Milne-Brownlie et al. [_{2} FDCS. For the cases they examined, the interference factor predicted that, relative to the binary peak, the molecular recoil peak should be smaller than the atomic recoil peak and this was verified by the experimental data. Consequently, this was interpreted as an observation of double-slit interference effects. A similar study was performed by Staicu-Casagrande et al. [_{2}. Although the Stia et al. [_{2}, it was assumed that the same idea would be applicable for any diatomic molecule. For the three cases considered, the interference factor predicted a reduction in the molecular recoil peak relative to the atomic case and very good agreement between experiment and theory was found using DWBA atomic cross-sections giving further evidence for two-slit effects.

As mentioned in the introduction, there are now numerical techniques which can yield accurate FDCS for single ionization of atomic hydrogen, helium, and more recently molecular hydrogen. In terms of calculating reliable cross-sections, these methods should be clearly superior and preferable to any perturbation technique. Perturbation techniques such as the DWBA are expected to be valid for higher energies and we are amazed (and obviously pleased) at the accuracy of these techniques for the low energy results presented here. On the other hand, these perturbation techniques have some important advantages over numerical techniques. Even though the 6D integrals required for the M3DW are numerically intensive, they are still faster than the numerical methods particularly near threshold. Secondly, the M3DW can be applied to atoms or molecules of any size with equal ease. It is likely to be a very long time before numerical methods will be developed which can treat ionization of FA! Of course, the important question concerns the accuracy of the M3DW predictions and that is still an unanswered question. Finally, and most importantly, one of the great strengths of a perturbation calculation lies in the fact that one can easily investigate physical effects causing observed phenomena.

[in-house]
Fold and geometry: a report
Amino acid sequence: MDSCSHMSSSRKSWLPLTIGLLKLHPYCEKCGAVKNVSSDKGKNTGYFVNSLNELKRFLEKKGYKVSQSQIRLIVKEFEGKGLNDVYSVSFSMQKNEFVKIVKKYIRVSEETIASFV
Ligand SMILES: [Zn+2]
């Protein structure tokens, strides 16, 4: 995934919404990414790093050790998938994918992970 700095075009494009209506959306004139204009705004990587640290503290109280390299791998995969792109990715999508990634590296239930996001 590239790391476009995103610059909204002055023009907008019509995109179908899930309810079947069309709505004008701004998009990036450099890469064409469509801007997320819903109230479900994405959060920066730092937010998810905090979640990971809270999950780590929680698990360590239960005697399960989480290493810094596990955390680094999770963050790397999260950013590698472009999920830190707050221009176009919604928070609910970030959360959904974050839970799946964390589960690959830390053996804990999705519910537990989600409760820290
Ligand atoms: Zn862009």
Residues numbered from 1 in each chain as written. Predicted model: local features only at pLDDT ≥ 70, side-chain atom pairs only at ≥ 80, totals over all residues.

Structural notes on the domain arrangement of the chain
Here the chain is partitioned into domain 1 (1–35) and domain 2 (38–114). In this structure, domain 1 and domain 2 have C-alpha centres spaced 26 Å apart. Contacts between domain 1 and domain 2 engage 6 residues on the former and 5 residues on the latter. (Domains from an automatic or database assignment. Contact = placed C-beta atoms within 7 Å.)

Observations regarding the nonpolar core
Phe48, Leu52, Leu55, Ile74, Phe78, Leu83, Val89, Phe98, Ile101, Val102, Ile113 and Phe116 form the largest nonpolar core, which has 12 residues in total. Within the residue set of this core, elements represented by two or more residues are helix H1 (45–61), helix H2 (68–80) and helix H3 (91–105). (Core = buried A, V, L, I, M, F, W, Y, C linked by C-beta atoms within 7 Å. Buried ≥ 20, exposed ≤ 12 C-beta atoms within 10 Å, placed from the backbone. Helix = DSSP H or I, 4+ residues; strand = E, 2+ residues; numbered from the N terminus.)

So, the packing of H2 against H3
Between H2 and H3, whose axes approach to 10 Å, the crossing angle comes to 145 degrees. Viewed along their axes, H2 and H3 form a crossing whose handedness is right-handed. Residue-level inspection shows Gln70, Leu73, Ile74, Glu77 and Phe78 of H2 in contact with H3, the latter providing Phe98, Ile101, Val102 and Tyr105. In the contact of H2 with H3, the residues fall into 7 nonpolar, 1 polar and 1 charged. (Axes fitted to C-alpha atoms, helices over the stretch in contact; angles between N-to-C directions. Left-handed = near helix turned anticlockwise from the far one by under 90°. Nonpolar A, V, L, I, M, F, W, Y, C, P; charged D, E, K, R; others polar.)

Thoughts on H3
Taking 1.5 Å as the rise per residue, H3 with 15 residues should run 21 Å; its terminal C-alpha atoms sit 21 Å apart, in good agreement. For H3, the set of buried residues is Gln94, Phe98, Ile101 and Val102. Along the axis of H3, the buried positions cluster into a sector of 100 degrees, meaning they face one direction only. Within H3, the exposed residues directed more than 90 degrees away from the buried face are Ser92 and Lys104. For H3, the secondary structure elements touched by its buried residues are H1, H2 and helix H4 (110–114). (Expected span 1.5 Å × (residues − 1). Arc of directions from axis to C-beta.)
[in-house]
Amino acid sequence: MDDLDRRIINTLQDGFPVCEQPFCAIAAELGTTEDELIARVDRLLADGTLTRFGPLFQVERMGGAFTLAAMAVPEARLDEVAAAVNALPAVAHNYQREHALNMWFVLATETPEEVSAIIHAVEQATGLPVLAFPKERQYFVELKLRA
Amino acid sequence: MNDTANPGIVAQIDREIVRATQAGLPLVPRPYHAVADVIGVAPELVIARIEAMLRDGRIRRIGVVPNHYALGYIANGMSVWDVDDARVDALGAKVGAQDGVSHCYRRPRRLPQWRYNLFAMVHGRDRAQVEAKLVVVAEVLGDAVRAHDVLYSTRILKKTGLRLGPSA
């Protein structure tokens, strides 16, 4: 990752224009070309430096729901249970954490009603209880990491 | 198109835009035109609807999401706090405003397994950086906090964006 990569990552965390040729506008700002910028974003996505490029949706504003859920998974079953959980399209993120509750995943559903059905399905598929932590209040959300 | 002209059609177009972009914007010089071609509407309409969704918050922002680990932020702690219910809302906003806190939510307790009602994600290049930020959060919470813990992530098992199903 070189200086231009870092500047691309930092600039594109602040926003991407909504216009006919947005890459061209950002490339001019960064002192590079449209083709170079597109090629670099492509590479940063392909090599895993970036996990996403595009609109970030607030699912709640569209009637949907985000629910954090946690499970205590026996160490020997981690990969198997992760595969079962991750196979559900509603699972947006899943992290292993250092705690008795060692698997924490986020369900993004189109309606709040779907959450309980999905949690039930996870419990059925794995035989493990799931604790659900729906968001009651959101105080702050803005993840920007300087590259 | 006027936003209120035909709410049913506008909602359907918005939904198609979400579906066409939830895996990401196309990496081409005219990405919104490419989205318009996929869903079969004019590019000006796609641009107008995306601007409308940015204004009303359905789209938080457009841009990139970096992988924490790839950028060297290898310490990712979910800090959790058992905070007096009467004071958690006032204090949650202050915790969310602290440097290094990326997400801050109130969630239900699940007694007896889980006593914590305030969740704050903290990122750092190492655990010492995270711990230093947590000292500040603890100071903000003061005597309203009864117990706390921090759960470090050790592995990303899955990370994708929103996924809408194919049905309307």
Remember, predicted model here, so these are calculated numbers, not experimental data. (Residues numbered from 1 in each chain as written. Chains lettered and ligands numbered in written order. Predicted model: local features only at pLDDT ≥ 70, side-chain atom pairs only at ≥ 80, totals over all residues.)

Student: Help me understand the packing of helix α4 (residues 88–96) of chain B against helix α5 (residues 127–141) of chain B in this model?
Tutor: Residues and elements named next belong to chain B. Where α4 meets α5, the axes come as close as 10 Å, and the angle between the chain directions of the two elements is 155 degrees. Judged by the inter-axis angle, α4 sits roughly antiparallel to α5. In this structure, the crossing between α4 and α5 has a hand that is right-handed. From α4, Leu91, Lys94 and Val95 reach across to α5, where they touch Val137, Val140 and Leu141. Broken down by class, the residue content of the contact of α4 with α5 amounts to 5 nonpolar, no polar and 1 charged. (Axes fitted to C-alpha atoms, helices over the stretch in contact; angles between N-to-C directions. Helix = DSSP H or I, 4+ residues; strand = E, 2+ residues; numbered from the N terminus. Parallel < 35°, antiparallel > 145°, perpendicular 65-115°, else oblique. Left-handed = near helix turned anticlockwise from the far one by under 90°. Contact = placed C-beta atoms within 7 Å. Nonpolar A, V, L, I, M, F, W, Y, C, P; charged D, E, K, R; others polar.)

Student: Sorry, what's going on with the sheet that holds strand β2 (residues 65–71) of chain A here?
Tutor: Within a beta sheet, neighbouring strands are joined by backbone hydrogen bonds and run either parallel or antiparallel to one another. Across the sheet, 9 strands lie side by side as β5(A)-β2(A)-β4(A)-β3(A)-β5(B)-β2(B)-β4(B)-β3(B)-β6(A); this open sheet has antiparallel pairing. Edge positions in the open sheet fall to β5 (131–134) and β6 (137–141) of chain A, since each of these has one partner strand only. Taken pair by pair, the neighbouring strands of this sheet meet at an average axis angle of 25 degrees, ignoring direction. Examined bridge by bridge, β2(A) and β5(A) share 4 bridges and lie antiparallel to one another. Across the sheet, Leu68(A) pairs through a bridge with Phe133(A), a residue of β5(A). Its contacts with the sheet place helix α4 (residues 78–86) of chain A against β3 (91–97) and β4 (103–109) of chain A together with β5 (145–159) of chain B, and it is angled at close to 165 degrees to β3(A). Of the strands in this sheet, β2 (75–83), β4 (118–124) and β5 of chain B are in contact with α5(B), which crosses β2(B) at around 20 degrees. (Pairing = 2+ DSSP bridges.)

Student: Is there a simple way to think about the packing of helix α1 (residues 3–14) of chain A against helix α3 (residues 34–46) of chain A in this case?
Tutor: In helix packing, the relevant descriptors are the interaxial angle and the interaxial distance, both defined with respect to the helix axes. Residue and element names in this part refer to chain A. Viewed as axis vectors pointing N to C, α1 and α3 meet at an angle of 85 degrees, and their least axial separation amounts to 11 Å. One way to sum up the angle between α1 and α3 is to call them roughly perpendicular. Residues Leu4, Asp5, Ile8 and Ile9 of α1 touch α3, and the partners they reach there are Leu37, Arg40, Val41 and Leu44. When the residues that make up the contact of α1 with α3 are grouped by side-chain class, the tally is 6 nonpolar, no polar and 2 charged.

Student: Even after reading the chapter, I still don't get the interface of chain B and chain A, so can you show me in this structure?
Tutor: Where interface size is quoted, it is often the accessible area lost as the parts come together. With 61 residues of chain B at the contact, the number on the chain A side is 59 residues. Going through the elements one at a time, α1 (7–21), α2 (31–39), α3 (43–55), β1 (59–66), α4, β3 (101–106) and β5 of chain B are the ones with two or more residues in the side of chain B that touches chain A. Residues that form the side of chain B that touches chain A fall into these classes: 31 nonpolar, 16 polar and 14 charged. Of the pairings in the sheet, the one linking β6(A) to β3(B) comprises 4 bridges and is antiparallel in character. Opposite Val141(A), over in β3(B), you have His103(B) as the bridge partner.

For example, Al-Hagan et al. [_{2} as shown in Figure _{2} and He) have peaks around 90_{2} has a deep minimum at 180_{2} and it is seen that the 90

Experimental and theoretical FDCS for electron-impact ionization of H_{2} and He targets in the perpendicular plane. The outgoing electron energies were

Experimental and theoretical FDCS for electron-impact ionization of H_{2} and He in the perpendicular plane. The outgoing electron energies were